Travel is coming back, hot. Warmer weather, receding COVID-related health concerns, pent-up demand and a stockpile of household savings are all driving a rebound in tourism and hospitality spending. Indeed, our latest card tracker showed that, for the first time, the recovery in spending on services (including airfares, lodging, and dining) overtook spending on physical merchandise. That’s not to say that spending on goods is slowing—StatCan’s preliminary estimate of March retail sales showed a 1.4% increase. The preliminary numbers for April expected next week should look a little softer but will still look strong relative to pre-pandemic levels. Unit auto sales declined in April.
When it comes to goods producing industries, production capacity limits, including global supply chain disruptions and labour shortages, will continue to hamper growth. Auto production has looked stronger over March and April. But manufacturing sales volumes overall were unchanged in March, with higher prices accounting for all of the 2.5% nominal increase. Sales are expected to have ticked higher again in April with price increases offsetting lower hours worked. Headwinds tied to the Russia-Ukraine war and stringent lockdowns in China will continue and labour shortages will pose a more structural long-run challenge that is not easily or quickly addressed. We continue to expect overall GDP growth to slow more substantially once the ongoing bounce-back in travel and leisure spending has run its course.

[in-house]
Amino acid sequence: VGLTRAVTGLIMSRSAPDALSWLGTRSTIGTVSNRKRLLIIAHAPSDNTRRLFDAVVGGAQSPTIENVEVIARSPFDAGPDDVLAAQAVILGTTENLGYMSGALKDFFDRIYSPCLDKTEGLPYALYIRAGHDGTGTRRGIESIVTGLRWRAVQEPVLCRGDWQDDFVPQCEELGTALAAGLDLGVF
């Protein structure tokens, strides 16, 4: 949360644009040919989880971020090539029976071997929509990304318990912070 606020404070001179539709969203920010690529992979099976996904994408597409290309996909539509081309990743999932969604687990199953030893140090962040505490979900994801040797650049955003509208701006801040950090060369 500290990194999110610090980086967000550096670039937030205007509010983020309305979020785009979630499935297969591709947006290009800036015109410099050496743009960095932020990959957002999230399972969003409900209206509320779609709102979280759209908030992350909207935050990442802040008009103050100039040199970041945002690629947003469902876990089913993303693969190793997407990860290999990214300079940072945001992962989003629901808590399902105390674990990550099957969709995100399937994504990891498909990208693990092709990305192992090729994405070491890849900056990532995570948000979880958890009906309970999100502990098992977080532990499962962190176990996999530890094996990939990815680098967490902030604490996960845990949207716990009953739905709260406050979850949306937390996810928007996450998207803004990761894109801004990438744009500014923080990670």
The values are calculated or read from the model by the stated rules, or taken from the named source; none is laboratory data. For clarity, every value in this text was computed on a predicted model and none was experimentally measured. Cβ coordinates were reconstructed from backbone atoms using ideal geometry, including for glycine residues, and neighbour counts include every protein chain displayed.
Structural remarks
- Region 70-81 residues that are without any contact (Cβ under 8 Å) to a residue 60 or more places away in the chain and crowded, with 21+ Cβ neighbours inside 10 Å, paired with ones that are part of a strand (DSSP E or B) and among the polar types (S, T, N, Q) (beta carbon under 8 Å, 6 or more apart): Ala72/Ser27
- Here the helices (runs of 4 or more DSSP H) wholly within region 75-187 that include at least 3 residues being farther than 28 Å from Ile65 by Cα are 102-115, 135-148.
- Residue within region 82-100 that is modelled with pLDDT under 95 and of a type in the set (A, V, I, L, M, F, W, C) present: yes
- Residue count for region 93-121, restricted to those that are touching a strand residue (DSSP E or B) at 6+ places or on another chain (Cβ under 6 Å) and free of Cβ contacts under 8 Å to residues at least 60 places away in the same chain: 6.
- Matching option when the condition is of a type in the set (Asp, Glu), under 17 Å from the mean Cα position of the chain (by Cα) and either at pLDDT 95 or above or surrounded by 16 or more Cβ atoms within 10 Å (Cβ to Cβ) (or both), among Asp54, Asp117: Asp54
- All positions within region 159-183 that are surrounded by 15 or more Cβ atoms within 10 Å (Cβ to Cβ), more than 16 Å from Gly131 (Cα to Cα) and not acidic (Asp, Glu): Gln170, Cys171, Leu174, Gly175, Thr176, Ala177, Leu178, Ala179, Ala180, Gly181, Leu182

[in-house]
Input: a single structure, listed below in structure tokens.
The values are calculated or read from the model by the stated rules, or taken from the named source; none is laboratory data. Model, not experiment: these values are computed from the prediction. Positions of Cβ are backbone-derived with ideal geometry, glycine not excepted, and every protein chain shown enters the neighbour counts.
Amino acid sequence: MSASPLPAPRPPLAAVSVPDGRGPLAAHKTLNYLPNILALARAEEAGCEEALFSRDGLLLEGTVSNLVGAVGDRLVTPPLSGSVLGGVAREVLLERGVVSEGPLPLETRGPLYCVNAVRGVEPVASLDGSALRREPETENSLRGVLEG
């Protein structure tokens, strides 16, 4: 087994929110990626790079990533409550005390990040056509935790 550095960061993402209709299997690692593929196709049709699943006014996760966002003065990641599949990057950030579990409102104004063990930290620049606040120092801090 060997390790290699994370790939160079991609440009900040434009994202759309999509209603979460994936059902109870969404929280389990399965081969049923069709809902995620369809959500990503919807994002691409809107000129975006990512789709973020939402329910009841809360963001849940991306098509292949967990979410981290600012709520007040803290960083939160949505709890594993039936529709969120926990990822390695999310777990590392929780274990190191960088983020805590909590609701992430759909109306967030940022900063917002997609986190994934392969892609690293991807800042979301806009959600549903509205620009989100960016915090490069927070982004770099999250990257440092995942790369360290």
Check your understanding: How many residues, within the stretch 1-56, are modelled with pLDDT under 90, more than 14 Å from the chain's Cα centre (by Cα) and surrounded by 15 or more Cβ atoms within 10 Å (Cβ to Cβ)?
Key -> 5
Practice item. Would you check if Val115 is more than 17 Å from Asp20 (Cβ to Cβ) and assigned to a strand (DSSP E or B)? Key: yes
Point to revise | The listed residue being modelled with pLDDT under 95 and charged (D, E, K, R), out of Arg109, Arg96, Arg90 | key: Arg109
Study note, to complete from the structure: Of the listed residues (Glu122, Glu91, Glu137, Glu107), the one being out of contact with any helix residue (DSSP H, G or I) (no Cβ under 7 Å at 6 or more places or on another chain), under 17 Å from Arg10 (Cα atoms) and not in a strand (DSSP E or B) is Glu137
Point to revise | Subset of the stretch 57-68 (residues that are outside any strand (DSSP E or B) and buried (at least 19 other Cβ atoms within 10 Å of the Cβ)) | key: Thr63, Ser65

Week ahead data watch:
- Next week’s SEPH job market data is expected to show still elevated levels of labour demand in March versus available supply. Indeed job postings were close to 70% above February 2020 in March and we expect job vacancy rates in the SEPH data will also remain well-above pre-pandemic levels.
- US personal consumption expenditures are expected to have increased in April given a 0.9% increase in retail sales and higher auto sales already reported.